Think of some of your favorite sequels out there – Uncharted 2 or Portal 2 or Diablo 3. How do they make you feel? Sometimes it can be hard to describe what was great about a fantastic sequel, other than it was just awesome, or, phew… they didn’t screw it up!
But the recipe for a great sequel is rather simple:
- 1/3 The Same
- 1/3 Improved
- 1/3 New and Fresh
Games are no different.
1/3 The Same
The most important part is that a sequel feel familiar, otherwise you risk alienating your fans. Don’t redesign aspects of your game just because you want to leave your mark on it or because you think everything has to be better.
To get started, ask yourself these questions:
One area of your game that’s easy for a designer to overlook is music. Don’t neglect music! Sometimes your sound team will want to do an entirely original score. Don’t let them. Using a few familiar musical themes in your sequel can be a shortcut directly into your player’s emotions and make them feel at home instantaneously (and then they’ll be more willing to struggle to learn your “improved” UI). Every time the Legend of Zelda overworld music fires up in any of the Zelda games, things just feel right. In The Sims 3, we use some music from the original Sims game, The Sims, when your characters go into the day spa. (I wish we used more!)
Familiar settings have similar emotional effects, and can serve gameplay at the same time. The Diablo series uses Tristram in all three games – it’s the same location, but different spots in time. The player feels a familiarity, but also a sense of wonder as they experience the changes. My personal favorite example is Super Metroid, which uses some locations from the original – there’s even an energy tank in the same spot in the ceiling – but time has passed, and you get to see beyond the borders of the first game and explore the old spots in new ways. You even get to see where you first destroyed Mother Brain, which brings back a wash of memories. Instantly, you are more attached to this game. And then you find a secret below her holding tank. It’s one of my all-time favorite level-design spots in gaming:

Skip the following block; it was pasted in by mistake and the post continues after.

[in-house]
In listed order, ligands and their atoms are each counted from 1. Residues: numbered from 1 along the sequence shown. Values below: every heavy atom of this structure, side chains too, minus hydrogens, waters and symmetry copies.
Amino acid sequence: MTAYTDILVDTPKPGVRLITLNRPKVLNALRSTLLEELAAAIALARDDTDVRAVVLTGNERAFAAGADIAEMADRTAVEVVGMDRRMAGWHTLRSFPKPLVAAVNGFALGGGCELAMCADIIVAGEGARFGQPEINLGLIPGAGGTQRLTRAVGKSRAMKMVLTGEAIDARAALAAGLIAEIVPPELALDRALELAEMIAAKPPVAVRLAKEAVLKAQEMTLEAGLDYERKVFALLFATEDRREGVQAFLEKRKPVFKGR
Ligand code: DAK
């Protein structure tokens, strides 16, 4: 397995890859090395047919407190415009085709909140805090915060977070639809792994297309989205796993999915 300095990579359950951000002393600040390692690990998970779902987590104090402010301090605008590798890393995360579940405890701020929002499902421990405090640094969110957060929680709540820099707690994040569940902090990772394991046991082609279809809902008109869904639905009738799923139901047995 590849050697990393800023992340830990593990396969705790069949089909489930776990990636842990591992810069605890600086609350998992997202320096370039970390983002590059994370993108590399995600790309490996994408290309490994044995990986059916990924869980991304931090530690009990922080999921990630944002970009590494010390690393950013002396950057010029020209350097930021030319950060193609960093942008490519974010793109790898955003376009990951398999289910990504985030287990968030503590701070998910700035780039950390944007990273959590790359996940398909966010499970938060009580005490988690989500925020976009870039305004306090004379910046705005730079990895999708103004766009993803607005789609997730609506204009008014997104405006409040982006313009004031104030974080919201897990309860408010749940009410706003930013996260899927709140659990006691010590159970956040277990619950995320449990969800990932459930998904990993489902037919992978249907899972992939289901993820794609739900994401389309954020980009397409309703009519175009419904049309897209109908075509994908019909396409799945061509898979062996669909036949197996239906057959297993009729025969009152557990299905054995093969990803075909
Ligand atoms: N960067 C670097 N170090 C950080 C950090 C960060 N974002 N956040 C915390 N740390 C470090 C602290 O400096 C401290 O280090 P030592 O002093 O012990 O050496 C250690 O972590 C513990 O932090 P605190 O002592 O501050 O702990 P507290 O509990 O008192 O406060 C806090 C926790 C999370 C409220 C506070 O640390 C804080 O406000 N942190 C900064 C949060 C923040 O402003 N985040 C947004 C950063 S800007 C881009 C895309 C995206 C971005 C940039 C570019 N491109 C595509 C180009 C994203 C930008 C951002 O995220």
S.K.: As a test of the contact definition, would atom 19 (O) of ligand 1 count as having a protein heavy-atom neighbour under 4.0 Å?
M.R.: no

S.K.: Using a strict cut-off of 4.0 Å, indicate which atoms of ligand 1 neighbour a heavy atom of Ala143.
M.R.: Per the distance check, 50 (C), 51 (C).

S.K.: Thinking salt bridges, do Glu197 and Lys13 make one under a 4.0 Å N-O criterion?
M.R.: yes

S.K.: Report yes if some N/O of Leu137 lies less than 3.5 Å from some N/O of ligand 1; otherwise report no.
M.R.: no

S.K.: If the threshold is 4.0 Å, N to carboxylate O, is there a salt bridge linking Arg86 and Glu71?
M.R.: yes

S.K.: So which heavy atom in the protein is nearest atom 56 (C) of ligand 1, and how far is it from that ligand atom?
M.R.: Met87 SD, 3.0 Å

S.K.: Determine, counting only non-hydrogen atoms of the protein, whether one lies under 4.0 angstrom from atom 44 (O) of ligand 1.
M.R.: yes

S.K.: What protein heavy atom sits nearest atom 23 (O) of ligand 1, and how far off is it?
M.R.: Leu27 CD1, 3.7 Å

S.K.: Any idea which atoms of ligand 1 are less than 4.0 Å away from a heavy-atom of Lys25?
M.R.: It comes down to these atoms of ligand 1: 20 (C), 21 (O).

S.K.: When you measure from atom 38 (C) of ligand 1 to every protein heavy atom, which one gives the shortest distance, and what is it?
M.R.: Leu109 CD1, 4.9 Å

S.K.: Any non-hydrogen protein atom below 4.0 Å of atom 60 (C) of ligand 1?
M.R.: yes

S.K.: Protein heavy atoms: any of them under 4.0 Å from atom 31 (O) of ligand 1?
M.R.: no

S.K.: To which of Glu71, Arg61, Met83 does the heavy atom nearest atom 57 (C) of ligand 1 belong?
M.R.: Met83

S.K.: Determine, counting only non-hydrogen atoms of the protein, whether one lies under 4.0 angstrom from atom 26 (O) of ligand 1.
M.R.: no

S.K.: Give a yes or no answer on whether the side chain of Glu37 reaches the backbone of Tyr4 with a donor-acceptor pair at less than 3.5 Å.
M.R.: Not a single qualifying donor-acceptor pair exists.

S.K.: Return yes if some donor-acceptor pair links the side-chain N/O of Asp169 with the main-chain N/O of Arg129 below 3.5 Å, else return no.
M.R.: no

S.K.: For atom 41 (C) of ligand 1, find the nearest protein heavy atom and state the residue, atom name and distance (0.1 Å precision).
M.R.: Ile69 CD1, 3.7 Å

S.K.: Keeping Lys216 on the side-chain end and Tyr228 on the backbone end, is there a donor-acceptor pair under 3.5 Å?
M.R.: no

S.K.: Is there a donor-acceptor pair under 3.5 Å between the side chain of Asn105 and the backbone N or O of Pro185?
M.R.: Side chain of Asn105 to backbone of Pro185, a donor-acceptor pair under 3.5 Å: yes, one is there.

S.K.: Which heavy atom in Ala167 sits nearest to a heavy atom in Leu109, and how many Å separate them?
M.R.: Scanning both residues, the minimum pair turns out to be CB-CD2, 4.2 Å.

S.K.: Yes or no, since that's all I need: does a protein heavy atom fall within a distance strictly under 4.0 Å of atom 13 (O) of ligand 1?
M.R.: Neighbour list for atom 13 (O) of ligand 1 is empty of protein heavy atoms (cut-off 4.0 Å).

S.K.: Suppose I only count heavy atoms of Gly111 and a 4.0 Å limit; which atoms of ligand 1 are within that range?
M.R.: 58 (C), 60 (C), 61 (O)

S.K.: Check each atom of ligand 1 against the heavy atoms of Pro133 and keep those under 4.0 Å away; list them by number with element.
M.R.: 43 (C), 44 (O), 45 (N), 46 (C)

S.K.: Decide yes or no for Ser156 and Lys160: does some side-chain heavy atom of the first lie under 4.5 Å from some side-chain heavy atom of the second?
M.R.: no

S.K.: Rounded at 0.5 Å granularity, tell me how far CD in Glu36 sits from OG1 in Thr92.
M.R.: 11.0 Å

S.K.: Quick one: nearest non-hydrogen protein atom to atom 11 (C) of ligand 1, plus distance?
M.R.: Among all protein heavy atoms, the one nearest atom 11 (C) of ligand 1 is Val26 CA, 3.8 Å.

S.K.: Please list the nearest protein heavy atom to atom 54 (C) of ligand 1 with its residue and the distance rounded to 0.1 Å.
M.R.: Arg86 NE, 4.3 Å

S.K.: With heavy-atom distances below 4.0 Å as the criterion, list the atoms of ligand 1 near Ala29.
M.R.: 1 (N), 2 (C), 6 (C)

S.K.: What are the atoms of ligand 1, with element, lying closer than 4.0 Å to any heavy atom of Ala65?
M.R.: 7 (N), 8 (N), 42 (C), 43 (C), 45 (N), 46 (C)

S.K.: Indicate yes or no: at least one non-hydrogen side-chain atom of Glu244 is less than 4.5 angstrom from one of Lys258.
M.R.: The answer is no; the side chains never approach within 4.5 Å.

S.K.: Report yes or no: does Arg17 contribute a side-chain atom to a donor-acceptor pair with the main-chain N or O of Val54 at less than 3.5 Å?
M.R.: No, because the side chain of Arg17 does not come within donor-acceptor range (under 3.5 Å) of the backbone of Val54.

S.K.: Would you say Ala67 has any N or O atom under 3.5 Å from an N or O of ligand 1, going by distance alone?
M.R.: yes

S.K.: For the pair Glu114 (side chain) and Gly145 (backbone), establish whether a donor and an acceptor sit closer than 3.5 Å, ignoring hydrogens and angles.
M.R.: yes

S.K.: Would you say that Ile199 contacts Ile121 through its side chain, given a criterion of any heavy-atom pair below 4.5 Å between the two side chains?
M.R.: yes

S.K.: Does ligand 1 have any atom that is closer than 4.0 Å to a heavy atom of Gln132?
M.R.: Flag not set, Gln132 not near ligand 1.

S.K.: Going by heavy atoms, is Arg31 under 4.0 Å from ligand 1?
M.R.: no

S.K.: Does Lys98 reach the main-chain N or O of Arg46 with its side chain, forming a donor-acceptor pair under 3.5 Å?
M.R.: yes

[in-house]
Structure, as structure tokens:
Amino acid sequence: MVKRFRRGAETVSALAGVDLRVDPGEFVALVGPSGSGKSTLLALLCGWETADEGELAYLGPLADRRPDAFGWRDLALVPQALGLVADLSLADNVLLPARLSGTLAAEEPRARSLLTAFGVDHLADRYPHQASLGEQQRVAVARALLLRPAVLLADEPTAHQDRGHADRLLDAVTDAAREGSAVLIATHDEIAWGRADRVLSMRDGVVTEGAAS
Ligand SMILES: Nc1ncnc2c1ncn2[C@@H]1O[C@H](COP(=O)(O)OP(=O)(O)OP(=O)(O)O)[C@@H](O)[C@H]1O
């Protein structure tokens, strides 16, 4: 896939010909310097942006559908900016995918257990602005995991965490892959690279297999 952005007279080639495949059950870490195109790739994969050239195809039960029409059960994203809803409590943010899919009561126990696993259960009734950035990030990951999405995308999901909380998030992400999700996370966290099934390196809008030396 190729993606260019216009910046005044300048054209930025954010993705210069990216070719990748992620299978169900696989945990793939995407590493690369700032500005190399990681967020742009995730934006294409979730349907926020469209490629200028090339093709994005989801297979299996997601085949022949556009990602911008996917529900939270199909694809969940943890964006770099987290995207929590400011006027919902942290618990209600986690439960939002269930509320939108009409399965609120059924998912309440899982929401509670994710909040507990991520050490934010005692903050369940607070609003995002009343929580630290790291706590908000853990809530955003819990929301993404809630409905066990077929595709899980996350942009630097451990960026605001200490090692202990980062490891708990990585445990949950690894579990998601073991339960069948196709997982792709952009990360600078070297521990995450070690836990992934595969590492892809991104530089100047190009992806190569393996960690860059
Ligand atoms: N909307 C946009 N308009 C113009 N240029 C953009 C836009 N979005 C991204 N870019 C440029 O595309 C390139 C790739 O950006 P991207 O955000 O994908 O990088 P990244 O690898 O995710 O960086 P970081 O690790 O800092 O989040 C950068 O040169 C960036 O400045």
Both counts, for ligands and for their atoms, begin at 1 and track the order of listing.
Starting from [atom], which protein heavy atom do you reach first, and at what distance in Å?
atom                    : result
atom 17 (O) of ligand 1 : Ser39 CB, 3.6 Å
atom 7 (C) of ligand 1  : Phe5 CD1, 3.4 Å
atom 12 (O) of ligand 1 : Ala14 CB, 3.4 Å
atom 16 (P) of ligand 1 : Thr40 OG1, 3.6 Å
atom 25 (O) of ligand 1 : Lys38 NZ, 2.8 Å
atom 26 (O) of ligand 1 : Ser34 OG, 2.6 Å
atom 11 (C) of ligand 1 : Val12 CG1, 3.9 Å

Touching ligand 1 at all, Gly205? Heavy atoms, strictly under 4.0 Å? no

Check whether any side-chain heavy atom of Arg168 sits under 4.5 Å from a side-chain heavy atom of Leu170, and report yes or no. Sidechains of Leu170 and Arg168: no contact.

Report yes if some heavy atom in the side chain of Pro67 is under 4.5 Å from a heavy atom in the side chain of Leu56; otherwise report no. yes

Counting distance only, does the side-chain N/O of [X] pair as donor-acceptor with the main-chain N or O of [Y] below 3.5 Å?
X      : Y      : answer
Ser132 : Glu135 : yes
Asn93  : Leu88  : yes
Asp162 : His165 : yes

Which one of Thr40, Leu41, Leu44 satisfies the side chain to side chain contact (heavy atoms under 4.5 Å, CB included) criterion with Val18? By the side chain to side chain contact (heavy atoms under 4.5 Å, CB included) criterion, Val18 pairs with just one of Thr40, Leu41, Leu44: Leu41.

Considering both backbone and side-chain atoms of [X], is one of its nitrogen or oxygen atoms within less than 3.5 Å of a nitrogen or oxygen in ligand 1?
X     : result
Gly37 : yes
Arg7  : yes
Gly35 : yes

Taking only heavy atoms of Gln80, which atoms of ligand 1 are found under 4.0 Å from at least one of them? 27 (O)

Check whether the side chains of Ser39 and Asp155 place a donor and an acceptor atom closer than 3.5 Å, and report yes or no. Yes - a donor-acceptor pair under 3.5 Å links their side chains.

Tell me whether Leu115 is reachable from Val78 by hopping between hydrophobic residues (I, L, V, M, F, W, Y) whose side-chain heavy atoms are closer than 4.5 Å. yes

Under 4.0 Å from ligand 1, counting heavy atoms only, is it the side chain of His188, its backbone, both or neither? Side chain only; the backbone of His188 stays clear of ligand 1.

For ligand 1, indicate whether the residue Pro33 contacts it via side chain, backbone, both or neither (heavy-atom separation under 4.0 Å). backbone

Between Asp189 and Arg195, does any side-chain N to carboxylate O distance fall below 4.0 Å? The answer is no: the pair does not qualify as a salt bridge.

This is perhaps the easiest part of designing a sequel. It’s a designer’s natural tendency to improve all things (and this is also why the part above is so difficult).
This 1/3 of the game is all the stuff that worked pretty well in your previous installments which maybe players didn’t respond to as positively as you’d expected. Or maybe these things worked well for a while, but with added depth or tweaks, could be fantastic. Or you just need to live up to the current bar in gaming.
Here are just three examples of the features we improved in The Sims 3:
1/3 New and Fresh
The new stuff! This is the most exciting part of the game to design, and this 1/3 will probably take 80% of the effort. It’s a journey of good ideas, bad ideas, trial and error, play tests, and constant iteration. (And also pizza binges and one too many beach balls... yes, those are behind-the-scenes photos.)
Sometimes the next step is clear. In The Sims 3, that step was: build a seamless, clockwork neighborhood where all the Sims are living alongside you. This one big step led us to many of our other new features, which built on it, or supported it – features like collecting butterflies and gems in the world (to keep the space between homes interesting), and a “story progression” system (to keep all the other Sims aging, employed, and full of drama as time passes).
Sometimes the next step is not clear. Either way, this part must come from reflecting on your previous titles, from an awareness of your community’s desires, and from your design-filled heart.
This recipe isn’t a magic hammer, and the proportions are just general guidelines. You’ll also still have all the hard work of actually designing the ingredients. But if you begin to think in these terms of 1/3 The Same, 1/3 Improved, and 1/3 New, you’ll be more likely to end up with a sequel that broadens your audience, makes your fans feel at home, and builds your brand into a series of hits.